Buying a House with Built-In “Downstairs”? Is That “Bonus Room” Standard Ceiling Height?
If you have done any amount of house hunting in Queensland, you will be familiar with the sometimes substantially sized “built-in” ground level or downstairs areas of high-set homes. If you are new to the home buyers’ circuit, you will soon become well acquainted with terms like “utility room” or “rumpus room” used by vendors and agents to describe these spaces. There is a very good reason that these areas are often described in pretty generic terms – they are frequently not of “legal” or standard ceiling height in Queensland. That “bonus” room advertised may not meet the requirements for “habitable” use. This means the room is not qualified to be used or advertised for use as a bedroom or other living area.
What is considered low ceiling height?
The average ceiling height in Australia is 2.4m. In fact, anything below 2.4m is considered a low ceiling height and, depending on the part of the home, may not meet the minimum legal standard ceiling height in Queensland. There are rooms where a ceiling height of a minimum of 2.1m is acceptable, including kitchens, bathrooms, laundries, storerooms, hallways and garages/car parking spaces.
The Australian Building Codes Board is responsible for the National Construction Code 2019 which is applied Australia wide. Volume 2, Part 3.8.2 of the Building Code of Australia 2019 sets out the standard ceiling heights for different areas or rooms within a home. The two main types of areas within a home fall within “habitable” and “non-habitable” zones. In general, habitable rooms are defined as “rooms used for normal domestic activities.” Essentially, any room where people are likely to spend an extended amount of time like bedrooms, lounge rooms, living rooms, music or movie room is classed as a “habitable room” and must have a minimum ceiling height of 2.4m. While not specified in the Code, if ceiling fans are installed in those rooms, it is recommended that the ceiling height be 2.7m.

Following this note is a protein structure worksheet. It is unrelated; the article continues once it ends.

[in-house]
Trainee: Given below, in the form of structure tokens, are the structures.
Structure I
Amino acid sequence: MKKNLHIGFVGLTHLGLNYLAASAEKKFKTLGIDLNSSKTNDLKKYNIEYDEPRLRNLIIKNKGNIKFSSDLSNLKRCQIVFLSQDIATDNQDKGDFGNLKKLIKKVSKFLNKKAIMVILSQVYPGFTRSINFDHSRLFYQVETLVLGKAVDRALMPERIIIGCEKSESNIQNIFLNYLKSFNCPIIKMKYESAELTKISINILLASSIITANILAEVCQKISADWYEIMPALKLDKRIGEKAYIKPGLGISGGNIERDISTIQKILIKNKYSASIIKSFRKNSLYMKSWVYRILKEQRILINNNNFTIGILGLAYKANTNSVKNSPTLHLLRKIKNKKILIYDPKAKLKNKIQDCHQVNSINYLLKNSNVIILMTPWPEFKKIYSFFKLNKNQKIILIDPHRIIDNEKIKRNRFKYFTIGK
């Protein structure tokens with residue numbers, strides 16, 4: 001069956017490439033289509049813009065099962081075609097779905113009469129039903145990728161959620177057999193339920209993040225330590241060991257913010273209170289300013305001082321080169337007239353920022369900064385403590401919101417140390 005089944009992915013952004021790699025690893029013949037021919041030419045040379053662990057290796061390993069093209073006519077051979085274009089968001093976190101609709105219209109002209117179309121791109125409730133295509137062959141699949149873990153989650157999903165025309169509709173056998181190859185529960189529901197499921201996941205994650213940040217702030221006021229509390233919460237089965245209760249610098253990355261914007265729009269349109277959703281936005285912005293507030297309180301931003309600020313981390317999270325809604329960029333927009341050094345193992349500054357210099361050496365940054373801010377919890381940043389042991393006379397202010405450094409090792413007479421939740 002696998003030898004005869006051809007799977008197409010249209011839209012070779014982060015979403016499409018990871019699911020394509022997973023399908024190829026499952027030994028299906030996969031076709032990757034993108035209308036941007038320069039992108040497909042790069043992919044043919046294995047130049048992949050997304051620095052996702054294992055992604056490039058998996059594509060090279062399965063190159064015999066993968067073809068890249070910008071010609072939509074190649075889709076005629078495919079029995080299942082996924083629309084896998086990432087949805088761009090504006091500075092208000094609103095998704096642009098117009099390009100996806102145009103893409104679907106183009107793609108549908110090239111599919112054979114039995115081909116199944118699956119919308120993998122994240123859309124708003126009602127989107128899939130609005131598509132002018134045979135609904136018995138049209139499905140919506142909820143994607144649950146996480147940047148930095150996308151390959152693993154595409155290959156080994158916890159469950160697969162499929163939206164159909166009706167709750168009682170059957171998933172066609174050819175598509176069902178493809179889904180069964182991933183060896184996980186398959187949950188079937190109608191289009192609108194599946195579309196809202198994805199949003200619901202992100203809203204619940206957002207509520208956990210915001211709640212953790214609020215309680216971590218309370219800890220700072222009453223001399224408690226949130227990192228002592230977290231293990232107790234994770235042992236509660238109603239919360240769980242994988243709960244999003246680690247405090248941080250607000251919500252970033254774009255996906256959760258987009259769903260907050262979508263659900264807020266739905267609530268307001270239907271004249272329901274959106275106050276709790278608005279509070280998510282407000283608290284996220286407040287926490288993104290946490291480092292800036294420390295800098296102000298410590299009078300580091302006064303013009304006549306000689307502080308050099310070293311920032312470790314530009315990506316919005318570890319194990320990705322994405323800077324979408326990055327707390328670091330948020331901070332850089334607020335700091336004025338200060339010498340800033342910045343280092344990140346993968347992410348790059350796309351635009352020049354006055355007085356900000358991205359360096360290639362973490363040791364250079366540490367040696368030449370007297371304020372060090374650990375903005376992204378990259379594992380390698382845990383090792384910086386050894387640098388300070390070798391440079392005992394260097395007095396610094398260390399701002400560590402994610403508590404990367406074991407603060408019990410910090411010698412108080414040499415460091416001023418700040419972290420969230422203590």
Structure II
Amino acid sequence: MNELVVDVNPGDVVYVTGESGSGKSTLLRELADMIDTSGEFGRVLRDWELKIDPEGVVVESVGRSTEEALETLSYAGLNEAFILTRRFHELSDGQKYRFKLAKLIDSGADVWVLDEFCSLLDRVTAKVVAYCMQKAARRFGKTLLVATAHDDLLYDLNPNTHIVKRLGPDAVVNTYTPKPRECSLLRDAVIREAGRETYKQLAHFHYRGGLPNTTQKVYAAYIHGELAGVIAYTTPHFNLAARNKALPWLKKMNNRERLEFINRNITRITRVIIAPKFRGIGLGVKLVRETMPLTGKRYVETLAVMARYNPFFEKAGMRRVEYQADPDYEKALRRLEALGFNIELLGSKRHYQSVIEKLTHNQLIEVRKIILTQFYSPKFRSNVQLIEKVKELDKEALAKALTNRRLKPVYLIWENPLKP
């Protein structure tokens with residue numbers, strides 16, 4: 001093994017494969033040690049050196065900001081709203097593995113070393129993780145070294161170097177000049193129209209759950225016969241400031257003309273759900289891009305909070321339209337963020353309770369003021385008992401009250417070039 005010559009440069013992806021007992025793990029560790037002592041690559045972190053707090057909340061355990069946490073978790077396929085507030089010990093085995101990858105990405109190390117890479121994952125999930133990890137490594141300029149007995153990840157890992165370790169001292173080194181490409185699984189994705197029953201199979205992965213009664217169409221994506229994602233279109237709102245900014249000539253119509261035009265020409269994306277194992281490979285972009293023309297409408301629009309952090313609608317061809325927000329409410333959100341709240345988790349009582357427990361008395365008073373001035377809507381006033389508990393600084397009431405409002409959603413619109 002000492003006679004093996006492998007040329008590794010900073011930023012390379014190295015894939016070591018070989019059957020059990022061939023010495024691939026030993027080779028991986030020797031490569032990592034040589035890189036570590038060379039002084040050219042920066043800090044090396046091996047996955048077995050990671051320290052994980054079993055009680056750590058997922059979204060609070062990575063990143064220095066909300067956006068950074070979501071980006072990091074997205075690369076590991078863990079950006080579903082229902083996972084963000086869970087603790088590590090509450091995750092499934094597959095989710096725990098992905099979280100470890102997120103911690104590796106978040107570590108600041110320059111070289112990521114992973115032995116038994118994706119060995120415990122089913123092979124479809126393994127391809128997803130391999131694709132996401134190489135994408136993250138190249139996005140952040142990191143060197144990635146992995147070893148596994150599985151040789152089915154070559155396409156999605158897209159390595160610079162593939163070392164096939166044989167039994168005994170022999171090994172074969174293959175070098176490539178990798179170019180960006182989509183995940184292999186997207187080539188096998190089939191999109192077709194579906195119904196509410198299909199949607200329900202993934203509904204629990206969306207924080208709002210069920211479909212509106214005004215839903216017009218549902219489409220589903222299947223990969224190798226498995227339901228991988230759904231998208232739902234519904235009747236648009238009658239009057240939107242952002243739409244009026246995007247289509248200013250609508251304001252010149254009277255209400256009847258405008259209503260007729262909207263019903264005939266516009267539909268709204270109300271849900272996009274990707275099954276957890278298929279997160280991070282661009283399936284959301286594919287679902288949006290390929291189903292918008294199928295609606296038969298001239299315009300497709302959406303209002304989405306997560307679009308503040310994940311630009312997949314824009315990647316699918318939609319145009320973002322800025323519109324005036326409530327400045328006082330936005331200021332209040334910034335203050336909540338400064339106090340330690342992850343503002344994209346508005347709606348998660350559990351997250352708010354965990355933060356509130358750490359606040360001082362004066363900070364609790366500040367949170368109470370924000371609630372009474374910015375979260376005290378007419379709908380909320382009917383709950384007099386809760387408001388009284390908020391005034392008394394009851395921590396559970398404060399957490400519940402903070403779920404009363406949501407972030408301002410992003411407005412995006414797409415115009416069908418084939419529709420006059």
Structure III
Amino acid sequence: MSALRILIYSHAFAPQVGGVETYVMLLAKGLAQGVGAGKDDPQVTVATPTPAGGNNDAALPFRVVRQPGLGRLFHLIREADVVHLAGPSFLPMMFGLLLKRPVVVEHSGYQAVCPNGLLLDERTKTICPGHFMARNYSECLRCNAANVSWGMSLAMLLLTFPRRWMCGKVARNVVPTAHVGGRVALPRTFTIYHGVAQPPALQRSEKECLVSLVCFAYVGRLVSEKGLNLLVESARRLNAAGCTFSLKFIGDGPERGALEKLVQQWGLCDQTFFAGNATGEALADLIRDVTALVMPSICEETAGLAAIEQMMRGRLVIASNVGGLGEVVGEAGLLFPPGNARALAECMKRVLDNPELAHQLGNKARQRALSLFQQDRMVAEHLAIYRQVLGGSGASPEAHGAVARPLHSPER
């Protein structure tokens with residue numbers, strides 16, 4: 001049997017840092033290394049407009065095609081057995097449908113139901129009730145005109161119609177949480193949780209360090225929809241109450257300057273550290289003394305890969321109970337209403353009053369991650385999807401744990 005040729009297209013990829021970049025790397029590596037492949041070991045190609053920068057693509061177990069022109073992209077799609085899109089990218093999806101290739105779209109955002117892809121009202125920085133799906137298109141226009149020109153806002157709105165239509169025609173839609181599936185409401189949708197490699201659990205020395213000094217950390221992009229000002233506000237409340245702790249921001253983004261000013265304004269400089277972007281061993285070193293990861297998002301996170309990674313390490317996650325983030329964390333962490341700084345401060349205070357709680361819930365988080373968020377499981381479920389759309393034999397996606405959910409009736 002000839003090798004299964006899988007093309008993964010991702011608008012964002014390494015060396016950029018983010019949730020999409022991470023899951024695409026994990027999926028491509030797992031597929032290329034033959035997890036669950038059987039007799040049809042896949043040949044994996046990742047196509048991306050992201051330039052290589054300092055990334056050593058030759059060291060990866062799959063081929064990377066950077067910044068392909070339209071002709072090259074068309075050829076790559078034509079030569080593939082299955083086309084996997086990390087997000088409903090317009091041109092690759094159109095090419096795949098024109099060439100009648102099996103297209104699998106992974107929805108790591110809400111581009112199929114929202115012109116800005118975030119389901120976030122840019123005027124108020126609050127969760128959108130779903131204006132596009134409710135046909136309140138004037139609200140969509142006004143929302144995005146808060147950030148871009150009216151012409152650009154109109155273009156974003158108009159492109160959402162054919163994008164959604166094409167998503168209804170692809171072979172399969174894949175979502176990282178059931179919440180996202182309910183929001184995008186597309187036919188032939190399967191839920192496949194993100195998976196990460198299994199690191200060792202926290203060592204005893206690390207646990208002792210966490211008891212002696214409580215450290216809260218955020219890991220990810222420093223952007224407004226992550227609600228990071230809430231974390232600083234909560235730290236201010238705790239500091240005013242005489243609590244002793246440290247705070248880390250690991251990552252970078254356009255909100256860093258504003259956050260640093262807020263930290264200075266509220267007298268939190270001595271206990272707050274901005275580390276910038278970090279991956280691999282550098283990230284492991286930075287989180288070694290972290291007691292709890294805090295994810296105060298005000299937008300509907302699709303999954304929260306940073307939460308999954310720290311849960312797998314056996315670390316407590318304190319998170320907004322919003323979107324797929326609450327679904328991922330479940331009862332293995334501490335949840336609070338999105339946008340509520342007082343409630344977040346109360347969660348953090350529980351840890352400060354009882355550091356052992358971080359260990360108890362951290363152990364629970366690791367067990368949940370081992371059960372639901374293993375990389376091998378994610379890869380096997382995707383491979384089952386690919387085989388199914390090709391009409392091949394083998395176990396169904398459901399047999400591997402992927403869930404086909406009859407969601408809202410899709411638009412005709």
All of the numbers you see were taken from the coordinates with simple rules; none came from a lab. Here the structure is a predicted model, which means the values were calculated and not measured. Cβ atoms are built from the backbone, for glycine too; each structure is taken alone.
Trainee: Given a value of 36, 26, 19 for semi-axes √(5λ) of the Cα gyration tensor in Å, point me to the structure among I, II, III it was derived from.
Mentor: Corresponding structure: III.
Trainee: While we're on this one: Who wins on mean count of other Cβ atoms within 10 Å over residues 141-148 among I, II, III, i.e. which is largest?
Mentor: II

How does ceiling slope affect ceiling height laws?
So how does this work with sloping ceilings or bulkhead intrusions? At a really basic level, the ceiling height must be a minimum of 2.4m high for at least two thirds of the floor area of the habitable room (or 2.2m in the case of attics). For non-habitable rooms, the ceiling height must be at least 2.1m for two thirds of the floor area of the room.
Often old original Queenslander style homes will have ceiling heights exceeding the minimum requirements and will successfully fit a bathroom in old, wide enclosed verandahs. However, beware of late additions to homes including the enclosure of verandahs – some of these spaces may not comply with Australian standards for ceiling heights.
How important are legally compliant ceiling heights?
Some agents may try to sell you a home based on the potential to “build in” the downstairs area. This may not be as easy as it sounds. To get any such alterations approved, built and certified, you will need to achieve the minimum legal ceiling height of 2.4m for habitable use rooms. Are you prepared for the additional expense involved in raising your home, or the costs of additional engineering and plumbing to lower the ground level?
Additions to homes will be readily apparent to your building and pest inspector. It is important to check whether those additions are approved and certified. In some cases, unapproved additions will need to go through the approval process with council or be removed entirely. Unapproved changes can also affect your home insurance.
Buying a home with a built in “bonus” downstairs area can be fraught. Go into your potential purchase armed with all the details you need to make an informed decision. A detailed report from a suitably qualified building and pest inspector is the best way to do this. Be sure you aren’t buying into a “bonus” room fit for habitation only by your car!